The web site went on to describe how:

The objectives were:

  • to share knowledge and experience and to exchange views on desired developments
  • to identify priority issues for technology, service and policy development
  • to explore and stimulate interoperability and common approaches
  • to inform and support future planning – explore the role Knowledge Exchange (KE) can play

I did not attend the event but some of my colleagues were present. In addition a number of people I follow on Twitter were also at the event and participated in the discussions and provided summaries of the talks given by the invited speakers and the conclusions of the breakout sessions.  I therefore became aware of the event via my Twitter stream and soon discovered that the event hashtag was #KEDAI

Curating Tweets from the Digital Author Identifier Summit

In light of UKOLN’s involvement in a variety of work associated with digital identifiers, having spotted the quality of the reporting of the workshop on Twitter, I decided that it would be useful not only to myself and UKOLN colleagues but also the wider research community if I were to keep a record of the significant tweets, or ‘curate’ the tweets to use a term which currently seems fashionable.

I used Storify to keep a record of the #KEDIA tweets and a screenshot of the first six tweets is illustrated.

It was interesting to note that the top aim of the event was:

to share knowledge and experience and to exchange views on desired developments

Nobody said that the sharing had to be restricted to those who physically attended the meeting, so I’m pleased to be able to amplify the notes provided by several attendees at the event, including those shown in the photograph (taken from the Knowledge Exchange Web site).

It should be noted that the tweets hosted on Storify can be embedded on other web sites using an embedded script tag. This requires use of embedding technologies which are not permitted on WordPress.com. However I have just noticed that there is an option to publish a Storify story directly on a WordPress.com blog. Unfortunately this did not work, so I have captured the first set of tweets as an image in order to illustrate what you will see if you visit the Storify page.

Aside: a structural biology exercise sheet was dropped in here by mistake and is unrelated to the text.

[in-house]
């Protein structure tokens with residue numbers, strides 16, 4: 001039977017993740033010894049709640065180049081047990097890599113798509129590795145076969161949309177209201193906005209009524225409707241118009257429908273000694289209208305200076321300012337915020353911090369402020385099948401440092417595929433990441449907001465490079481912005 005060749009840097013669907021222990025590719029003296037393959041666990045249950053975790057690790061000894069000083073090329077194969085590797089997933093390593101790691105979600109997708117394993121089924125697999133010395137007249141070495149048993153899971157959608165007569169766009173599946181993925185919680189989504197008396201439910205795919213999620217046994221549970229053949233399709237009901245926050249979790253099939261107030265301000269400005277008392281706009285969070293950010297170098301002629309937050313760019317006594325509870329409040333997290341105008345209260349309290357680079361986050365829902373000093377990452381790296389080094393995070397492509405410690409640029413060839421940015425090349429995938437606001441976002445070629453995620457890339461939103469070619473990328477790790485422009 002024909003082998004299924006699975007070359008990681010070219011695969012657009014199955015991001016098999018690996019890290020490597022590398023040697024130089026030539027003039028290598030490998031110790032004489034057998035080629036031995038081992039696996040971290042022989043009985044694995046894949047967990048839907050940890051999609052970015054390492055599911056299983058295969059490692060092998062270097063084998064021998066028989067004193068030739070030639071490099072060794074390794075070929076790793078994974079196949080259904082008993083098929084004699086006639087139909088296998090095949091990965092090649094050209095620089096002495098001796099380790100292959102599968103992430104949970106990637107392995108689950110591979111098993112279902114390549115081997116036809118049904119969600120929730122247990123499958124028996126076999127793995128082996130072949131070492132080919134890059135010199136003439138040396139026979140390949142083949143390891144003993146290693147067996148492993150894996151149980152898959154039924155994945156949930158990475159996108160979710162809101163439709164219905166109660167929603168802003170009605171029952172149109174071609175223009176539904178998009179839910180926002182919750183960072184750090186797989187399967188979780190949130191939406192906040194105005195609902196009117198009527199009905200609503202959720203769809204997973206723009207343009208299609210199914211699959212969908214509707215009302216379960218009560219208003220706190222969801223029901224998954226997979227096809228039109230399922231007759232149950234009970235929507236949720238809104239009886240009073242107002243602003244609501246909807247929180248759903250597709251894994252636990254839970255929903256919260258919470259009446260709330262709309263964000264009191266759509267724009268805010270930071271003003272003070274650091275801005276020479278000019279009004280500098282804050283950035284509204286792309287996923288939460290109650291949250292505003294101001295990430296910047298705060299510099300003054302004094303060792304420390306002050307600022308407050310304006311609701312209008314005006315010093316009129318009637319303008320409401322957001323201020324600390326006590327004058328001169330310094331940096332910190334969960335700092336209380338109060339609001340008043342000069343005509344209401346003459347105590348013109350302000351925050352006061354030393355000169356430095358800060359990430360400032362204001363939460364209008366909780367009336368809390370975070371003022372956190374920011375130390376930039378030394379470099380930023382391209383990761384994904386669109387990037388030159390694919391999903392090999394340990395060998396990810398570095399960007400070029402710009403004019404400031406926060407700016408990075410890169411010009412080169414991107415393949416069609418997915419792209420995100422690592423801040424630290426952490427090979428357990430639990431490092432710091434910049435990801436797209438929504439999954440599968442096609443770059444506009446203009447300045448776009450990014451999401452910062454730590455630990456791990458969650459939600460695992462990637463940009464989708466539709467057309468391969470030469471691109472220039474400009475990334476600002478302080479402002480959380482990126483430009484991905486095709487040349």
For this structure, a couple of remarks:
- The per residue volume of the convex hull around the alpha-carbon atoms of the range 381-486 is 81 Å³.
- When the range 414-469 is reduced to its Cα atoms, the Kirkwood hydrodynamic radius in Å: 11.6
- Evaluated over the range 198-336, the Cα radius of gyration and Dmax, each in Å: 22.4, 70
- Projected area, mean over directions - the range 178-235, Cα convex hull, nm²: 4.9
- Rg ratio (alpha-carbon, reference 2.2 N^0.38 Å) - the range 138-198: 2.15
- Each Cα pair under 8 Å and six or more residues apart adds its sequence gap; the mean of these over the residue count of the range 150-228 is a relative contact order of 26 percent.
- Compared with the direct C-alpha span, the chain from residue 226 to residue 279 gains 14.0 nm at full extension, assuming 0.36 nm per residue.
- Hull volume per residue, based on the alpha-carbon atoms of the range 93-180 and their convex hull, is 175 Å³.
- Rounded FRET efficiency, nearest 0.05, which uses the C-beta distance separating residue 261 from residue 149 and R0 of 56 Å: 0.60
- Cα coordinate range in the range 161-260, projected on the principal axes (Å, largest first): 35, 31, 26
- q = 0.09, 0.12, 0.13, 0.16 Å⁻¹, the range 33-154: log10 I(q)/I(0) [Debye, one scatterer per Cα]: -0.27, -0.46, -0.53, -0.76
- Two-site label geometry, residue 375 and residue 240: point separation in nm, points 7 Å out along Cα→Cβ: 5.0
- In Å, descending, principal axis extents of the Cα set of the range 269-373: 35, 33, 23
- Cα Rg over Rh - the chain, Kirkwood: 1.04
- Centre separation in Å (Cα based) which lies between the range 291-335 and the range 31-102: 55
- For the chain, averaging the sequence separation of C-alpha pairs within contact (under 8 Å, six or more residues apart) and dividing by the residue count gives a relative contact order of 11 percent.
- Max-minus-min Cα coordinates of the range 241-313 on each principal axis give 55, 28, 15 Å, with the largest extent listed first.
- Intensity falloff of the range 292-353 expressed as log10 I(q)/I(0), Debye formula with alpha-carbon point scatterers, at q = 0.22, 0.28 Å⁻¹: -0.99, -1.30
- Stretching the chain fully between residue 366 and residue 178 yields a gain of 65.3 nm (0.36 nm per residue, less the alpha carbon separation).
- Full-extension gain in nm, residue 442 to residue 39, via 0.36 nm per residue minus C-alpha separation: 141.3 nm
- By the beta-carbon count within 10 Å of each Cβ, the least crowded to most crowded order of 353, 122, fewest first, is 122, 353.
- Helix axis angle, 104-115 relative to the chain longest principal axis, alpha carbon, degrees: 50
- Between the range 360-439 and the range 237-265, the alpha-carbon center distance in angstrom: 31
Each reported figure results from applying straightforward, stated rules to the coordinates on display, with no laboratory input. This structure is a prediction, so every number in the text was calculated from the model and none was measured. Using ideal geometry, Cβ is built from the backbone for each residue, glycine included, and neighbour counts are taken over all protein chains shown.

Reflecting on the Value of Tweeting at the Event

From looking at the tweets we can see evidence of the success of the two-day workshop, with @BasCordewener commenting:

#kedai meeting was a very good one. Vibrant discussions, relevant recommendations, increased knowledge! Led by @atreloar, inspiring chair.

and @atreloa modestly responding:

@BasCordewener You are too kind. I was only part of a team that worked very well to deliver an excellent event #kedai

The value of the tweets was acknowledged by two remote participants with @williamjnixon showing his appreciation for hearing about the event on Twitter

Diping in and out of the non-Indonesian Knowledge Exchange Digital Author Identifiers Workshop #kedai, thanks to @atreloar for heads-up

and @mopennock showing her appreciation to the two people who tweeted about the event initially:

Thanks to @bindonlane & @atreloar for the #kedai tweets, sounds like a fascinating event.

Emerging Best Practices

As described in a post on Resources from Andrew Treloar’s Seminar on Data Management on 1 April 2011 Andrew Treloar (@atreloar) gave a seminar at UKOLN on “Data Management: International Challenges, National Infrastructure and Institutional Responses – an Australian Perspective on Data Management”. As part of our work in maximising impact of such seminars we provided a live video stream of the seminar, with a video recording (taken on a smartphone) subsequently being published.

In the pub later that evening Andrew, my colleague Paul Walk and myself discussed ways in which events, ranging from a  seminar attracting a handful of people to a larger workshop lasting a couple of days, might be ‘amplified’, even if there is no budget available for commissioning professional AV services.  It seems that such approaches were embraced at the workshop earlier this week, based on a handful of people tweeting at the event and the tweets subsequently being curated and publicised to a wider audience. How might we summarise the emerging best practices for organisers of events who wish to maximise engagement opportunities from a wider audience?

About to start moderating/presenting at/taking part in Knowledge Exchange Digital Author Identifier workshop in London #KEDAI

He then went on to point out possible clashes with other uses of the tag:

By the way, apologies to those of you seeing a hashtag collision for #KEDAI. If it’s in Indonesian it probably doesn’t relate to the w’shop

  • Encourage participants to tweet in order to obtain a critical mass (bearing in mind that being a solo person tweeting about an event can be difficult) as illustrated by @atreloar:

Will try and shame others into tweeting so you get more than just my take on it #keda

  • Provide a concluding tweet which helps others (including a third party who may be curating the tweets) to identify when an event is over (although, as in this case, there may be subsequent tweets this may not always happen).  In this example, @atreloar provided a conclusion in echoing the comments made by the final speaker at the event:

In summary, very helpful and he wants to thank (on behalf of US!) the JISC and KE for organising the event #KEDA

But what of the possible risks associated with curation of tweets form an event?  Such issues are being addressed as part of the JISC-funded Greening Events II project which is being led by ILRT, University of Bristol, with UKOLN delivering a workpackage on best practices for event amplification.  In a blog post published yesterday on Assessing the Risks: Twitter Kirsty Pitkin described an initial risk assessment approach which will be included in the Greening Events II report on use of Twitter at events.